SAN FRANCISCO -- Michelle Wie West's road back to the U.S. Women’s Open was a long one with detours for marriage, motherhood and injuries.
The 2014 champion is set to play her first Open in three years starting Thursday at the Olympic Club, just a short drive from her new home base in the Bay Area.
“It’s a really cool feeling being here,” she said. “I guess just staying at my house these two weeks is pretty nice. I’ve never had that happen before at a major tournament. ... Being here at Olympic Club, at another amazing venue, it’s really fun. It’s really amazing to be back. It’s an honor.”
Wie West returned from a nearly two-year absence from competitive golf this spring but failed to make the cut in the three tournaments she has played so far this year. She last made a cut in February 2019 at a tour event in Thailand and hasn’t even been in the running at a major since tying for 10th place at the 2018 U.S. Women’s Open at Shoal Creek.
That lack of recent success has made Wie West a long shot this week. Seven-time major winner and two-time U.S. Open champion Inbee Park is favored, followed by Ariya Jutanugarn, Jin Young Ko and Lydia Ko at the Lake Course that figures to be especially challenging with deep rough and small greens.
This is the first time the women are playing the U.S. Open here but the men have held five Opens on this course. Only four players finished under par in those tournaments.
“It’s pretty spectacular,” Jessica Korda said. “There’s no first cut out here. The rough is high. Greens are really small. It’s going to be a difficult test, but I’m really excited about it because this is exactly what a U.S. Open, in my head, always is supposed to look like.”
The deep rough does give Wie West some pause after spending much of her time away recovering from a lingering wrist injury that required surgery in 2018. She described the course as a “beast.”
“I look at it, and I’m like, ‘Ugh. It’s terrifying,’” she said of the rough. “I’m doing the best I can. I have my devices at home, and I do all of them. I go through all my PT stuff. I knew when I signed up to come out and play again, especially at the U.S. Open, I knew that it was going to happen. I wasn’t expecting to come out and there to be no rough. Does it worry me? Yes. But the last couple of days I hit a lot of shots out of the rough, and I’m feeling pretty confident about it. It will always be what it is. I’m playing definitely on borrowed time, and I’m grateful for every second of it.”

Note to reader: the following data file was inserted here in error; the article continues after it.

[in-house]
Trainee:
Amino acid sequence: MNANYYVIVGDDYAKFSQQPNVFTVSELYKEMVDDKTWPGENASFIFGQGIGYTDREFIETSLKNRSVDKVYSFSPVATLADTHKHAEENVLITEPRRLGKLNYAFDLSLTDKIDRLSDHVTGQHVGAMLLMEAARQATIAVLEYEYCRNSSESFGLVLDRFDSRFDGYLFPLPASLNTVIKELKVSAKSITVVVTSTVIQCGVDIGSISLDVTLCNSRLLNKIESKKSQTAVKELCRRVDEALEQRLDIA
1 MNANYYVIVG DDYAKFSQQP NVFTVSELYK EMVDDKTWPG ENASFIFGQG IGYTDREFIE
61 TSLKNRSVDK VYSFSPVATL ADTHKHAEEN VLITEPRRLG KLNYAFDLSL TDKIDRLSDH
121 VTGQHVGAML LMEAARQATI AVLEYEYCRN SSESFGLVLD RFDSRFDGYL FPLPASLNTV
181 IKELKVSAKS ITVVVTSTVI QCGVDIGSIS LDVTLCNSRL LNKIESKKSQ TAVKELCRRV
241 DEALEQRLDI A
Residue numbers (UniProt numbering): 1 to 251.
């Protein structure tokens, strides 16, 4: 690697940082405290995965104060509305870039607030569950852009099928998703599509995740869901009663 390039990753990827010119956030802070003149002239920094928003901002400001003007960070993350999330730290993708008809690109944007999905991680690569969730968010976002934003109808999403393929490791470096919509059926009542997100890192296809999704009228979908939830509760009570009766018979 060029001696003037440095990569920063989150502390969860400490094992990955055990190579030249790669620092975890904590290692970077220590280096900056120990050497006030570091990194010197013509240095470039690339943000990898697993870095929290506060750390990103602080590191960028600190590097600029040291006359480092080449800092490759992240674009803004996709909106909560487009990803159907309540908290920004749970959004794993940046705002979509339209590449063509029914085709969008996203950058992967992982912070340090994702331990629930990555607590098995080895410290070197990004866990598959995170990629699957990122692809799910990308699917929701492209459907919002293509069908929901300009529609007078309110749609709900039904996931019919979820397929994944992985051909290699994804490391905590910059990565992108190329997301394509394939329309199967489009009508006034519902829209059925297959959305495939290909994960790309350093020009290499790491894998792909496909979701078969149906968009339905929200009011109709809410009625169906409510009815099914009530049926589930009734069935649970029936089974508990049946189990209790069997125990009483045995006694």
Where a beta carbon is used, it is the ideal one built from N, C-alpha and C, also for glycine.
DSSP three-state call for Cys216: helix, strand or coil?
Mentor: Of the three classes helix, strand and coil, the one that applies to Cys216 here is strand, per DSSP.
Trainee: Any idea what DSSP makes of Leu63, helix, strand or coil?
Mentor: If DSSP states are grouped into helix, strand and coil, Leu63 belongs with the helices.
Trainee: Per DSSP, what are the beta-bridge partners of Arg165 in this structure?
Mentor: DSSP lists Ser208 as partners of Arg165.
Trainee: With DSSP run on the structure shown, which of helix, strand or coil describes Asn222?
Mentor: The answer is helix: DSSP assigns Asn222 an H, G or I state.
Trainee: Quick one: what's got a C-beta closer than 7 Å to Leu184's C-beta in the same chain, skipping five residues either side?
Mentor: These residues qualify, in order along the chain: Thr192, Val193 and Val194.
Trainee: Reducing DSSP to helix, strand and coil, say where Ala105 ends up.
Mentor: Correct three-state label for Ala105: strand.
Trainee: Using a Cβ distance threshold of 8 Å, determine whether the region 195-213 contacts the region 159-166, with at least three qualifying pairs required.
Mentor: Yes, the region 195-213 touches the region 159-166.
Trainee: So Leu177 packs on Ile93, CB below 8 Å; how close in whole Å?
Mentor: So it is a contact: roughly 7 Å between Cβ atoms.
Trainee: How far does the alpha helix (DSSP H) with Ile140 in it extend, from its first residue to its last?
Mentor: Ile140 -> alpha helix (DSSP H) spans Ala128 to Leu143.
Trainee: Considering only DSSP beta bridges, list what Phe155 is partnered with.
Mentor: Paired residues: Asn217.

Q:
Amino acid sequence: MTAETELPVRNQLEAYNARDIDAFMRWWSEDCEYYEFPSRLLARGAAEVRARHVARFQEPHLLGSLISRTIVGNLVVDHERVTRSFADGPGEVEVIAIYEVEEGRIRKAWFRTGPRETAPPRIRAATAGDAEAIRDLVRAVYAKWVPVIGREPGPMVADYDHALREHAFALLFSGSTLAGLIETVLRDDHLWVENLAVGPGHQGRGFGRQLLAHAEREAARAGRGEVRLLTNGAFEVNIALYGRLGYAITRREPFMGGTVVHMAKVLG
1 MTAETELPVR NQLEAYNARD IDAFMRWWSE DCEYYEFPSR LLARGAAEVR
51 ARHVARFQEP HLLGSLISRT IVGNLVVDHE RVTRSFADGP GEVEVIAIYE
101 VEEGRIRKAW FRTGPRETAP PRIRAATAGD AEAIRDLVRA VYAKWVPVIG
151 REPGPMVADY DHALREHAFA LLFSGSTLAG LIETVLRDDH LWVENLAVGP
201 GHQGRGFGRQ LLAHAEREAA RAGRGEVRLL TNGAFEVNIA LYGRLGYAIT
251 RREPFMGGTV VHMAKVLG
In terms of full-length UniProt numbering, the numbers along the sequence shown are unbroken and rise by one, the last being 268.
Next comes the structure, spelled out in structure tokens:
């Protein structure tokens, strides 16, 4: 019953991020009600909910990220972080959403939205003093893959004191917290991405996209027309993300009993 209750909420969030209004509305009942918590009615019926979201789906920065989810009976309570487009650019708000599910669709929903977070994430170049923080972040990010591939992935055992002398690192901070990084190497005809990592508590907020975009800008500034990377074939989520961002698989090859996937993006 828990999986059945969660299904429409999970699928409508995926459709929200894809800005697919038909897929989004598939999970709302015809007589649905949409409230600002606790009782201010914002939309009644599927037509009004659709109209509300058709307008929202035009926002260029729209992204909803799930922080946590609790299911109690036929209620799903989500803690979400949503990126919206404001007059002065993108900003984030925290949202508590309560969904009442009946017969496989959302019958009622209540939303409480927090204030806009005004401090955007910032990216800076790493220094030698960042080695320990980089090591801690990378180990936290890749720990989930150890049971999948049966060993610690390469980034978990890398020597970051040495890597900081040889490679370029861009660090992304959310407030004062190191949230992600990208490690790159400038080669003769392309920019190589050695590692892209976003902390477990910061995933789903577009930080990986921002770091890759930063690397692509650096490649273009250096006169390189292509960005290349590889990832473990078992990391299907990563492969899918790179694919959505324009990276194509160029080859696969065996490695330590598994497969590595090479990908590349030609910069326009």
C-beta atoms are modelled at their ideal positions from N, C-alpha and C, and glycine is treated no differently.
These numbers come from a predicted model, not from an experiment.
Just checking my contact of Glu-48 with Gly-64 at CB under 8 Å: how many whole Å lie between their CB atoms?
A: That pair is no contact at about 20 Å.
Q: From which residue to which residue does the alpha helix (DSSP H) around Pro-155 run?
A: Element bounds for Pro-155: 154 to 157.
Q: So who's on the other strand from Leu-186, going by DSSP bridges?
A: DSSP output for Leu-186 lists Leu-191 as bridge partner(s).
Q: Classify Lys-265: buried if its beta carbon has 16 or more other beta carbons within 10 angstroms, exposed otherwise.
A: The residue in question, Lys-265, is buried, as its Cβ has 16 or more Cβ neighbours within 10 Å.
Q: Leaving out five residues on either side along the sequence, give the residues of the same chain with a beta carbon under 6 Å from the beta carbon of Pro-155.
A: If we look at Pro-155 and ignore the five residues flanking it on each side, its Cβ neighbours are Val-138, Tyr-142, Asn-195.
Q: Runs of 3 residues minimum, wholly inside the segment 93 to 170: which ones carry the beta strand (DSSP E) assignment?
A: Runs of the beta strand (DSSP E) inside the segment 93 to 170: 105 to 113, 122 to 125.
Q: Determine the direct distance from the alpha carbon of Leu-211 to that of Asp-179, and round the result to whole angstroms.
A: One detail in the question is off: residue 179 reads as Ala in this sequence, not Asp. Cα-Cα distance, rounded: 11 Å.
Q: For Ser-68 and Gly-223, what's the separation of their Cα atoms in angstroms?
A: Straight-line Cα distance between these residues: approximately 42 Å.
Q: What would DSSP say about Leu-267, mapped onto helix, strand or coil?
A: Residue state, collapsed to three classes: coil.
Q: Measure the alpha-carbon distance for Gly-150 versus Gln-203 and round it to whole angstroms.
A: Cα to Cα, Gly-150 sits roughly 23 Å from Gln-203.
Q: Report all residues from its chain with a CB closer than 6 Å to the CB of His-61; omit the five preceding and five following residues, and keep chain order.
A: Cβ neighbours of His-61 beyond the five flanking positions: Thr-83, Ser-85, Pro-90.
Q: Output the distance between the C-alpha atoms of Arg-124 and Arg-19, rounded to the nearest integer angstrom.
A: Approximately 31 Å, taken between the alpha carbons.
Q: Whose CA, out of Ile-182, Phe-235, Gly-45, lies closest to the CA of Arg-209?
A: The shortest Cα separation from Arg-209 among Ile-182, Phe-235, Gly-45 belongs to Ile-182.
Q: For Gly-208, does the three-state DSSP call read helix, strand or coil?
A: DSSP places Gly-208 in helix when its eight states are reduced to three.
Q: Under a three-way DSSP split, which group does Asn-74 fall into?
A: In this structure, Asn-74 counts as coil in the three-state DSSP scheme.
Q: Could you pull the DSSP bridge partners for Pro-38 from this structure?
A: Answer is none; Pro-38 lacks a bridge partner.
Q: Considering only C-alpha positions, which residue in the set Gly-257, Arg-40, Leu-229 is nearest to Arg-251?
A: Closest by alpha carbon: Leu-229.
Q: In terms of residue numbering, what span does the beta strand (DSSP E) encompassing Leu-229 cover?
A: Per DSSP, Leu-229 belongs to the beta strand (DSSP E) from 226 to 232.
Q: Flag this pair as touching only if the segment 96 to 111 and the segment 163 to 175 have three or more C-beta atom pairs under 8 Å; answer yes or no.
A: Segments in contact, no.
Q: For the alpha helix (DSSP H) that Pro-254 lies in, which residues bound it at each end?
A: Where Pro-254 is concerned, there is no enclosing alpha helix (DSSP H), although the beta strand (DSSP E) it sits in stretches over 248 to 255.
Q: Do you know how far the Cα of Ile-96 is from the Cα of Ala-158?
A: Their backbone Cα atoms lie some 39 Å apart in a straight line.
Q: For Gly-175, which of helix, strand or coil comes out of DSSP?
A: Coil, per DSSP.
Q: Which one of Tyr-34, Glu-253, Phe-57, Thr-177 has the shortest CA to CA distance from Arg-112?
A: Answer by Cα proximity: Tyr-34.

Wie West has been busy during her time away from the tour. She got married in 2019 to Jonnie West, the son of NBA Hall of Famer Jerry West and an executive with the Golden State Warriors, gave birth to her daughter, Makenna, last June, and is preparing to be an assistant captain for the Solheim Cup.
She got a surprise greeting for her practice round Wednesday with a virtual introduction from her husband and daughter, which led to her wiping away a tear before teeing off.
Wie West also helped design a tie-dyed LPGA hoodie that has quickly become a hot memorabilia item after Warriors players Kent Bazemore and Damion Lee wore it even before it officially launched in April.
The proceeds from those sales go to the Renee Powell Fund, which provides need-based grants to girls golf programs, including those in Black communities.
“The coolest part about this is the large sizes sold out first. So we really thought it was going to be the smalls, like the ladies, and the support from the ladies has been great, but surprisingly the large/extra large sold out first, like within hours. It’s crazy,” she said. “It’s been really, really amazing the support, and people wearing it, tagging me on Instagram. It just makes my day seeing the different types of people wearing it and kids wearing it and people that you don’t expect to wear it.”
Wie West has also spent some time golfing with a star from another sport, playing some rounds this spring with two-time NBA MVP Stephen Curry. Wie West said watching a great performer like Curry provides some inspiration for her game.
“He is such an elite athlete. He’s just in a league of his own. His athleticism, his golf game, you could just really tell. What he can do with his hands is just unbelievable. Watching him this season has been so incredible to watch, it’s unbelievable. Every game he plays, I’m like what is he going to do now, what amazing thing?” she said. “Just watching, I feel like I’m hopefully absorbing some of the greatness.”
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